Carcinoma maxillary sinus is a challenging tumour to treat. The anatomical proximity to vital structures, locally advanced nature at presentation, and the biological aggressiveness have resulted in inferior outcomes compared to other head and neck subsites. There is a paucity of well-designed, large, and randomised studies specifically addressing maxillary cancers. As seen in Table 3, the studies are mostly retrospective case series which have low numbers, patients treated over decades, and both early and late stage carcinoma maxilla and include patients with malignancy of other paranasal sinuses [47, 9, 12, 1522]. The available data suggests that in locally advanced tumours, surgery followed by radiation leads to better outcomes than radical radiation alone [58, 12]. There have been some studies on concurrent chemoradiation too that have shown benefit [4]. Overall, the reported survival in these studies has been between 34 and 40% at 5 years [2, 4, 23]. A previously published study from our centre by Qureshi et al. also reported a 3-year survival rate of 38% [9].

StudyNumberProportion of T4Local controlOS

Paulino et al. [5]4850% Sx + RT 3 years —65.2%
RT 3 years —22.7%
Jansen et al.* [6]7359% Sx + RT 5 years —65.0%
RT 5 years —47%
Sx+RT 5 years —60.0%
RT 5 years —9%
Waldron et al. [15]11071% Five years—42%Cause specific survival (5 years)—43%
Hayashi et al. [7]6248% CT-RT + Sx 5 years —84%
RT 5 years —18.2%
CT-RT + Sx 5 years —68.5%
RT 5 years —9.1%
Myers*et al. [16]14188% 51% median 336 days Five years disease specific survival—52%
Duthoy* et al. [17]3944% Two years—73%
Cribriform plate invasion: 7 months
Two years—68%
Dirix et al. [18]127Five years: 53%Five years 54%
Hoppe et al. [20]8552% Five years local progression free: 62%Five years overall survival: 67%
Gabriele* et al. [12]31Sx + RT 5 years —74.0%
RT 5 years —20%
Sx + RT 5 years —72.0%
RT 5 years —25%
Hoppe et al. [20]3939 Five years: 21%Five years: 15%
Ramalingam et al. [22]2412 Five years: 25%Five years: 25%
Qureshi et al. [9]7336 Three years: 54.8%Three years: 38%
Jang et al. [4]3022 Five years: 29%Five years: 34%

These studies which have included paranasal sinus patients rest are restricted to maxillary sinus carcinomas.

In the present study, we evaluated the role of induction chemotherapy followed by local therapy. We specifically wanted to assess the feasibility and effectiveness of surgery in patients following induction therapy whenever feasible. The primary reason for using NACT has been the discouraging results with radical radiation alone. In our study, all patients had squamous cell carcinoma, T4 disease, and around (2/3)rd of the patients (28 patients) had tumour invasion of the base of skull. All these have been documented to be poor risk factors in the literature [6, 19]. Despite this, our 3-year OS of 35% is comparable to our own published literature [9]. Significantly, in our previous study, 37.5% of patients had positive margins after surgery while in the present analysis, there was no margin positivity despite all the patients having upfront technically unresectable tumour (Table 4). Induction chemotherapy resulted in successful surgery in 12 patients out of 43 patients (27.9%) with technically unresectable patients.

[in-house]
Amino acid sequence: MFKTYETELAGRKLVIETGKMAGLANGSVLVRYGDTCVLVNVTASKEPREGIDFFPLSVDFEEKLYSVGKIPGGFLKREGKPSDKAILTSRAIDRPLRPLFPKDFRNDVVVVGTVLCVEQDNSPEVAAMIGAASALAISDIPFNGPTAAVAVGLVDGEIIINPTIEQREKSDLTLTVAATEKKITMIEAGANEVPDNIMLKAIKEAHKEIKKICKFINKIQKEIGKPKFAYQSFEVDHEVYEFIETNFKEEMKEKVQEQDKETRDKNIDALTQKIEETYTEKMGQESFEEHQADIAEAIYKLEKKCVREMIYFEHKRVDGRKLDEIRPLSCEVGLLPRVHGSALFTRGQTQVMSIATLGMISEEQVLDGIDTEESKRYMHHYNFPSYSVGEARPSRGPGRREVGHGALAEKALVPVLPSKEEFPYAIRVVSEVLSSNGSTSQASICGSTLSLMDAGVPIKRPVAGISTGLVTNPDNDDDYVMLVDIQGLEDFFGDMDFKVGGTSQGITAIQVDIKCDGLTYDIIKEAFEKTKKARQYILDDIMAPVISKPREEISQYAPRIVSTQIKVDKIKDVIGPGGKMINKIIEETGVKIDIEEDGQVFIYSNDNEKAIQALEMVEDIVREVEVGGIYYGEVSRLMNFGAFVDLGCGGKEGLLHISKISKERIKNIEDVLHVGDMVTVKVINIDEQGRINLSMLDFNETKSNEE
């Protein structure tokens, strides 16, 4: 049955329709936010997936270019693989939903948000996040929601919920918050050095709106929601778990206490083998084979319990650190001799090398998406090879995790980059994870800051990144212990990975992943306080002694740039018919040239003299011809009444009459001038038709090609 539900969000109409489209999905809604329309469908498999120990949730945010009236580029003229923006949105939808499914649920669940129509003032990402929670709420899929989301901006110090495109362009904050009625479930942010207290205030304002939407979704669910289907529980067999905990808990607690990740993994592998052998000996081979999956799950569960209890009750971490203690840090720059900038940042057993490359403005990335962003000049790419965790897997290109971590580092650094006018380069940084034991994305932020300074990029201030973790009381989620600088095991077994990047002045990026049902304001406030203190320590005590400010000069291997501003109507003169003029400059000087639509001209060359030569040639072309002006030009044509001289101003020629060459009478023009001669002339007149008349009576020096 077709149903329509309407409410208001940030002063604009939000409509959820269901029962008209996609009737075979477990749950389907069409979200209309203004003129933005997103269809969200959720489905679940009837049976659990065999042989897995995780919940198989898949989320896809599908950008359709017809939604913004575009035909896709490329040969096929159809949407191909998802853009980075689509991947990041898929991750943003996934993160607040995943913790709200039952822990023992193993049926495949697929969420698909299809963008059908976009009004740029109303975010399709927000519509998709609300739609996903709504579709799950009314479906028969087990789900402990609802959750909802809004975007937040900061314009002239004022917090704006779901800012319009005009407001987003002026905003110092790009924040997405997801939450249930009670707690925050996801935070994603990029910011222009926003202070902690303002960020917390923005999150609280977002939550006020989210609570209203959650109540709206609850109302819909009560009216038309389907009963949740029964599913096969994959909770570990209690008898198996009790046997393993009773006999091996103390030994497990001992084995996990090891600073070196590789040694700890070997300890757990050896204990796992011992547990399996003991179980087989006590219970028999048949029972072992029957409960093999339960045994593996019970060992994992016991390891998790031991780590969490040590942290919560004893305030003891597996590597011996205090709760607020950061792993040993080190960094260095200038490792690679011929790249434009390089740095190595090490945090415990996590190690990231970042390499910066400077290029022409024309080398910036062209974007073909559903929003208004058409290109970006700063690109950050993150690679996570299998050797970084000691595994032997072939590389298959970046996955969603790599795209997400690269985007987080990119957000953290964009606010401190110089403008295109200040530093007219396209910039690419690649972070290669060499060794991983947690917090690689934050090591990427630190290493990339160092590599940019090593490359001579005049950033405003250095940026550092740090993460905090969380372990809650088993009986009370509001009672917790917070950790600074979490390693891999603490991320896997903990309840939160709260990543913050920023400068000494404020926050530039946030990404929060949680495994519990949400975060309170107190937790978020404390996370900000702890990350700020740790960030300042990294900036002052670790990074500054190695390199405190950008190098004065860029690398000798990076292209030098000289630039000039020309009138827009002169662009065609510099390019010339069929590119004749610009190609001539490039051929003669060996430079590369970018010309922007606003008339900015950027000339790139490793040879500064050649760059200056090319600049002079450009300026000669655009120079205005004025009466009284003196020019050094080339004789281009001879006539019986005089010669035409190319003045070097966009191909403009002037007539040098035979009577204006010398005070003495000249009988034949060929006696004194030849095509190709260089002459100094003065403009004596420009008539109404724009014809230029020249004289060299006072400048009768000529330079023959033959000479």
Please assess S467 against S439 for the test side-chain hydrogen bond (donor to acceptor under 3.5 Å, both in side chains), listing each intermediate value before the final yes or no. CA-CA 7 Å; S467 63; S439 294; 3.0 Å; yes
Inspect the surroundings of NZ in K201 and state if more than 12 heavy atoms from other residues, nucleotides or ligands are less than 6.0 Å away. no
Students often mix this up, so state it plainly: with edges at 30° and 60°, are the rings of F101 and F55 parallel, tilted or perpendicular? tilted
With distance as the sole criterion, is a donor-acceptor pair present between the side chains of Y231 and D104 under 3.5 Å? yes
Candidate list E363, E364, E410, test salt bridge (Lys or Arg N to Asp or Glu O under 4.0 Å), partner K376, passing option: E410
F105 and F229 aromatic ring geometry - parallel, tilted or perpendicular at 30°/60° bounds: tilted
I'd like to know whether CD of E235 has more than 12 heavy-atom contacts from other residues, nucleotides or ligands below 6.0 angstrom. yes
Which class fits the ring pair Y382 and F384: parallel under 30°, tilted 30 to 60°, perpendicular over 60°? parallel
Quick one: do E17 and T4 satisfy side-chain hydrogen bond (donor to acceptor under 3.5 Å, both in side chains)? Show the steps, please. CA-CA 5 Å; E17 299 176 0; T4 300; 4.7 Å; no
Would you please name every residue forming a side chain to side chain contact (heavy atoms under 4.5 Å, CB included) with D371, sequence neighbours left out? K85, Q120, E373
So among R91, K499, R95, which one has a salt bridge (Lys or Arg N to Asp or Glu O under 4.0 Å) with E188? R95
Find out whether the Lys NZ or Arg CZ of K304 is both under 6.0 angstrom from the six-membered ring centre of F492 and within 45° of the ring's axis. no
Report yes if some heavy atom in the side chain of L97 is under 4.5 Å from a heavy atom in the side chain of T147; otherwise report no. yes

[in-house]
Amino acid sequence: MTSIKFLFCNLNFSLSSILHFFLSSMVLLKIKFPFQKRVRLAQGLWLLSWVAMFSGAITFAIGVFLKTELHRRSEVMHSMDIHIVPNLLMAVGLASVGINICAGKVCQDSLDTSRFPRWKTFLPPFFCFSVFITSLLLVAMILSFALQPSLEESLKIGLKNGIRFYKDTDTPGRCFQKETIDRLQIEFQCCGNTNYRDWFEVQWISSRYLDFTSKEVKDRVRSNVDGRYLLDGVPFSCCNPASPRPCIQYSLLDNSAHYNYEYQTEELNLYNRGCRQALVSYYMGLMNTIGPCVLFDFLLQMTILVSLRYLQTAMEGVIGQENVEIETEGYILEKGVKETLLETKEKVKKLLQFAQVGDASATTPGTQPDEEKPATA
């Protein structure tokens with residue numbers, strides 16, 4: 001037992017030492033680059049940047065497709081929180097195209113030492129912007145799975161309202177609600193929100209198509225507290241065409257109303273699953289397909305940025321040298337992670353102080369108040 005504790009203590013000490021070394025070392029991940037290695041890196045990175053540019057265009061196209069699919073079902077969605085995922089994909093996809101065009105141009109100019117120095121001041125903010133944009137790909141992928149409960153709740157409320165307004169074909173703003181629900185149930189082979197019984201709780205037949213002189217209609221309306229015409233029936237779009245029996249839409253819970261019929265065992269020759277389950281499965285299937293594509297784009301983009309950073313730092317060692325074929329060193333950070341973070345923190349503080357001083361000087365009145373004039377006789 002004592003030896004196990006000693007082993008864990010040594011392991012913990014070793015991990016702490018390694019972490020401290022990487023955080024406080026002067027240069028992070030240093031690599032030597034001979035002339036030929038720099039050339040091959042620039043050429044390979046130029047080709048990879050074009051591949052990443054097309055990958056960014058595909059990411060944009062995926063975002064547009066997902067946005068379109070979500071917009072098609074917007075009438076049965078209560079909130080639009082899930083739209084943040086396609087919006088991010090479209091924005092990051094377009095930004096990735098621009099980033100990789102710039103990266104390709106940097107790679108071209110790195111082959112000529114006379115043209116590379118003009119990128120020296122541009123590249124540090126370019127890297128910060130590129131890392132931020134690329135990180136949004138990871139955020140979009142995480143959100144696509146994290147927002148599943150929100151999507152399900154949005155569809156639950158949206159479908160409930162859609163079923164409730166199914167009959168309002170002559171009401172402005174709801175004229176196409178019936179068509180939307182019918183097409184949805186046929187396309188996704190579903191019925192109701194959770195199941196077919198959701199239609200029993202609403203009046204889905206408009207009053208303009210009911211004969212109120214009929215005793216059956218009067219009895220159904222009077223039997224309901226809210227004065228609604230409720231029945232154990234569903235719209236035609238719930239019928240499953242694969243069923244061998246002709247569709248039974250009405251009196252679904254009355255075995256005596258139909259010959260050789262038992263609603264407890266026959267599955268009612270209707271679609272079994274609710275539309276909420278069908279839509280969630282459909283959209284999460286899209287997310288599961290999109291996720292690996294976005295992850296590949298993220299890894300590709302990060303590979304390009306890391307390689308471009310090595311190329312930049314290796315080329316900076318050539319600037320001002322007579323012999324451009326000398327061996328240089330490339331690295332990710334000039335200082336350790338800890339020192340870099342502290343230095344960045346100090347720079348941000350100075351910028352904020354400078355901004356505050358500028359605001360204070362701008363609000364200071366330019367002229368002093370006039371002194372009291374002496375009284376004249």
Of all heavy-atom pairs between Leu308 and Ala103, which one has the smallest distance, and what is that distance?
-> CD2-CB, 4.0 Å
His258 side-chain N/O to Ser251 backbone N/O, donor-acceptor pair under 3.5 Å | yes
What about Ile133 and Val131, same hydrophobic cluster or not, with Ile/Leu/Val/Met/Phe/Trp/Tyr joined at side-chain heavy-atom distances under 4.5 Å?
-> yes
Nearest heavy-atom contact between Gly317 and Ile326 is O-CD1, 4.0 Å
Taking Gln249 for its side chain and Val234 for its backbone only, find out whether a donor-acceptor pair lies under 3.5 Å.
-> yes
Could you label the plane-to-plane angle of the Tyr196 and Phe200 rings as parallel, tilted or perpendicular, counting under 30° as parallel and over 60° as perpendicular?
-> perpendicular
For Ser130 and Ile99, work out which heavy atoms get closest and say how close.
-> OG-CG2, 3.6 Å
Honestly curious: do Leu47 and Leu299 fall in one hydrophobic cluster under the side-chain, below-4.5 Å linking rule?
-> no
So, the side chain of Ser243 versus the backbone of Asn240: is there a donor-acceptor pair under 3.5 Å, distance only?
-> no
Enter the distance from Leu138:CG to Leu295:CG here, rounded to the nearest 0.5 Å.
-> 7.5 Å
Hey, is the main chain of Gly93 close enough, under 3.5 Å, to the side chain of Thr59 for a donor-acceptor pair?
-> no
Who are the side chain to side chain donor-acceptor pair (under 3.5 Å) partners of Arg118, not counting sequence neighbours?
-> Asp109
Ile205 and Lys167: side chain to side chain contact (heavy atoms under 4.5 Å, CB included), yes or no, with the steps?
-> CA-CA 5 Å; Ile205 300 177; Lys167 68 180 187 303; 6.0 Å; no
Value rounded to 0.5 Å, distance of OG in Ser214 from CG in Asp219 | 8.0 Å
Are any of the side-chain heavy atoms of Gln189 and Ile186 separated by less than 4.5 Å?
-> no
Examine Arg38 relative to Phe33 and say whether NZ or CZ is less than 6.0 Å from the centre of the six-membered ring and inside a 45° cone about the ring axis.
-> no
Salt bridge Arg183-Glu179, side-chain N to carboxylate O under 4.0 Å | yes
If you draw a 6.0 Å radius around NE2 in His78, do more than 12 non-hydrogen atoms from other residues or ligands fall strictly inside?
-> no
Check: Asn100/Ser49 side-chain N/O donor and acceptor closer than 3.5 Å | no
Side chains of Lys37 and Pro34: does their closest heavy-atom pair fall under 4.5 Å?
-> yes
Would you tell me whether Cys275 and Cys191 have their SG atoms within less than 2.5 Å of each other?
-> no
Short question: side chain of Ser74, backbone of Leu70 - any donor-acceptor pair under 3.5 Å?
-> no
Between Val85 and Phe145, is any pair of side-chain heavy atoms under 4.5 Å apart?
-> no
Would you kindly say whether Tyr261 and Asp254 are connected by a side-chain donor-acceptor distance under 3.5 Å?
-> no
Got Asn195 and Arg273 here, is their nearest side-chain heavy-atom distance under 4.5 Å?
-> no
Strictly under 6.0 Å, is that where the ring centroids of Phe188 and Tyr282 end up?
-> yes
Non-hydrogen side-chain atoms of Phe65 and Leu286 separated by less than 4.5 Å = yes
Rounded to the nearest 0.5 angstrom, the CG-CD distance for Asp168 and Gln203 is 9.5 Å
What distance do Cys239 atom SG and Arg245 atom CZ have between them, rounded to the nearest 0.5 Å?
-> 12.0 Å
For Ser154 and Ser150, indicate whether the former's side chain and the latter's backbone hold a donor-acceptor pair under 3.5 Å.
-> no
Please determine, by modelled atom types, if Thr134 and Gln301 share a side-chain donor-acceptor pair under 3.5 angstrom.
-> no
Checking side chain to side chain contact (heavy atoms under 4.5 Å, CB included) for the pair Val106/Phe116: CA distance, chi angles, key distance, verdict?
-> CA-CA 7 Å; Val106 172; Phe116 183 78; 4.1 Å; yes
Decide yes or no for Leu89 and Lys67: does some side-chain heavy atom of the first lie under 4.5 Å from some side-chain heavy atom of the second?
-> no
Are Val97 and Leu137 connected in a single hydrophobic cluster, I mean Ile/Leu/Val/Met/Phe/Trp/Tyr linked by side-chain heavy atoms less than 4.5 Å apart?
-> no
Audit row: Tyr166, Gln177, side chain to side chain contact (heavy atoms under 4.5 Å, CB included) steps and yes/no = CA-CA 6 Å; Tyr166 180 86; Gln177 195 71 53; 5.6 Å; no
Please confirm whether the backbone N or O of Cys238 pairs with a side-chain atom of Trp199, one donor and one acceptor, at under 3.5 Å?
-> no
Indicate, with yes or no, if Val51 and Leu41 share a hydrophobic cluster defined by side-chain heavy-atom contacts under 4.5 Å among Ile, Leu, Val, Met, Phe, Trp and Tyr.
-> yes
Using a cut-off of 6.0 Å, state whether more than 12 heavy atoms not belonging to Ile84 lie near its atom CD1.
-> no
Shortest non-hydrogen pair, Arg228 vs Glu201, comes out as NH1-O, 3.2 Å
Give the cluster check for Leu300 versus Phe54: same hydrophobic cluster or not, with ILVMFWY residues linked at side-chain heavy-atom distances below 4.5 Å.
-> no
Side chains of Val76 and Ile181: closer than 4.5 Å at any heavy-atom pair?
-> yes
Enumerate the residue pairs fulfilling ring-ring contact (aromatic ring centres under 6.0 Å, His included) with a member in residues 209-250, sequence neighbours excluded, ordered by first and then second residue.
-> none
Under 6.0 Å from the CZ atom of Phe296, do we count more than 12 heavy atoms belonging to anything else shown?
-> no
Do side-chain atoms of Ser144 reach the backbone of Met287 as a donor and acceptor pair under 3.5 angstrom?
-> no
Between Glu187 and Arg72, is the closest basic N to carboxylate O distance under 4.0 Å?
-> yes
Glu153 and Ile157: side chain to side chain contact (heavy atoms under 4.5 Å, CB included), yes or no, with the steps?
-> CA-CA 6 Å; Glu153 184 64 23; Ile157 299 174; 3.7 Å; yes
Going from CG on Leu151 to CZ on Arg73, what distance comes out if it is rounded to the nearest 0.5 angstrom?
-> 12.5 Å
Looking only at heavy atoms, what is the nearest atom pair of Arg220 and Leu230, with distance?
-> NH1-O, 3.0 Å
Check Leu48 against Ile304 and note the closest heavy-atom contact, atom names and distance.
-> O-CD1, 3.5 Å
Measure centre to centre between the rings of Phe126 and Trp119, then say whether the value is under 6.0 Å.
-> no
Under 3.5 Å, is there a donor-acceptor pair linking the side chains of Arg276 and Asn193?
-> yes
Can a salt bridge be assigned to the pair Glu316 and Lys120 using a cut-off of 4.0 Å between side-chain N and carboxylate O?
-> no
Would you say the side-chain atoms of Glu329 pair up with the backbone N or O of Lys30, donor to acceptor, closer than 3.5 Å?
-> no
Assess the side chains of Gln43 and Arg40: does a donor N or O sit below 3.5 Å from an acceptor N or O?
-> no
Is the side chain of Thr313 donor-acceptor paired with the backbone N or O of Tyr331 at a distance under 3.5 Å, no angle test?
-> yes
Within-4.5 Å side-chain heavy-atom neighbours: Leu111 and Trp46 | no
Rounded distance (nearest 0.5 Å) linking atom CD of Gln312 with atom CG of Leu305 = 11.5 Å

Present seriesOld series [9]

Number of patients4162
Time period2008–20111994–1999
Stage IV100.00%58.50%
Induction chemotherapy100.00%0.00%
Radically treated100.00%100.00%
Margin positive rate0.00%37.50%
Three-year OS35.00%38.00%

Another factor which may have improved outcomes in our series is the use of advanced conformal radiotherapy techniques. Dirix et al. have previously reported on the use of 3D CRT (3-dimensional conformal radiotherapy) and IMRT (intensity modulated radiotherapy) at this site [18]. In their report, 2-year local control of 76% and OS of 89% were achieved. IMRT improved disease free survival from 60% to 72% compared to 3 DCRT ().

We used induction chemotherapy primarily consisting of 2 drugs with a taxane and platinum. The results with a similar regimen have been previously reported from Texas by Hanna et al. [3]. The response rate in our study is lower than the 67% reported in that study. The difference might be explained by the advanced stage of tumours in our study and the inclusion of other paranasal sinus malignancies in the study from Texas. The regimen was well tolerated, with an average relative dose intensity of more than 0.85 maintained by 80% of subjects and no treatment related mortality. The 2-drug protocol is easier to administer and needs fewer days of hospitalisation, which is an important consideration in resource-constrained countries. Though the numbers are small, the use of 3 drugs did not improve outcomes in terms of response rate, OS, and PFS.

The failure rate is significant and the majority occur in the first year. This pattern of early locoregional failure is consistent with previous literature [9, 12, 22]. By reducing the bulk of the tumour, induction chemotherapy facilitates surgery and also reduces the area of high risk CTV (critical tumour volume) in radiation planning.

5. Conclusion

Induction chemotherapy may be effective in locally advanced technically unresectable maxillary cancers and leads to successful surgery in a significant proportion of patients. Our protocol of 2-drug regimen of taxane and platinum is effective and well tolerated. These findings are preliminary and require fsurther studies for confirmation.

Conflict of Interests

The authors declare that there is no conflict of interests regarding the publication of this paper.


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Copyright © 2014 Vanita Noronha et al. This is an open access article distributed under the Creative Commons Attribution License, which permits unrestricted use, distribution, and reproduction in any medium, provided the original work is properly cited.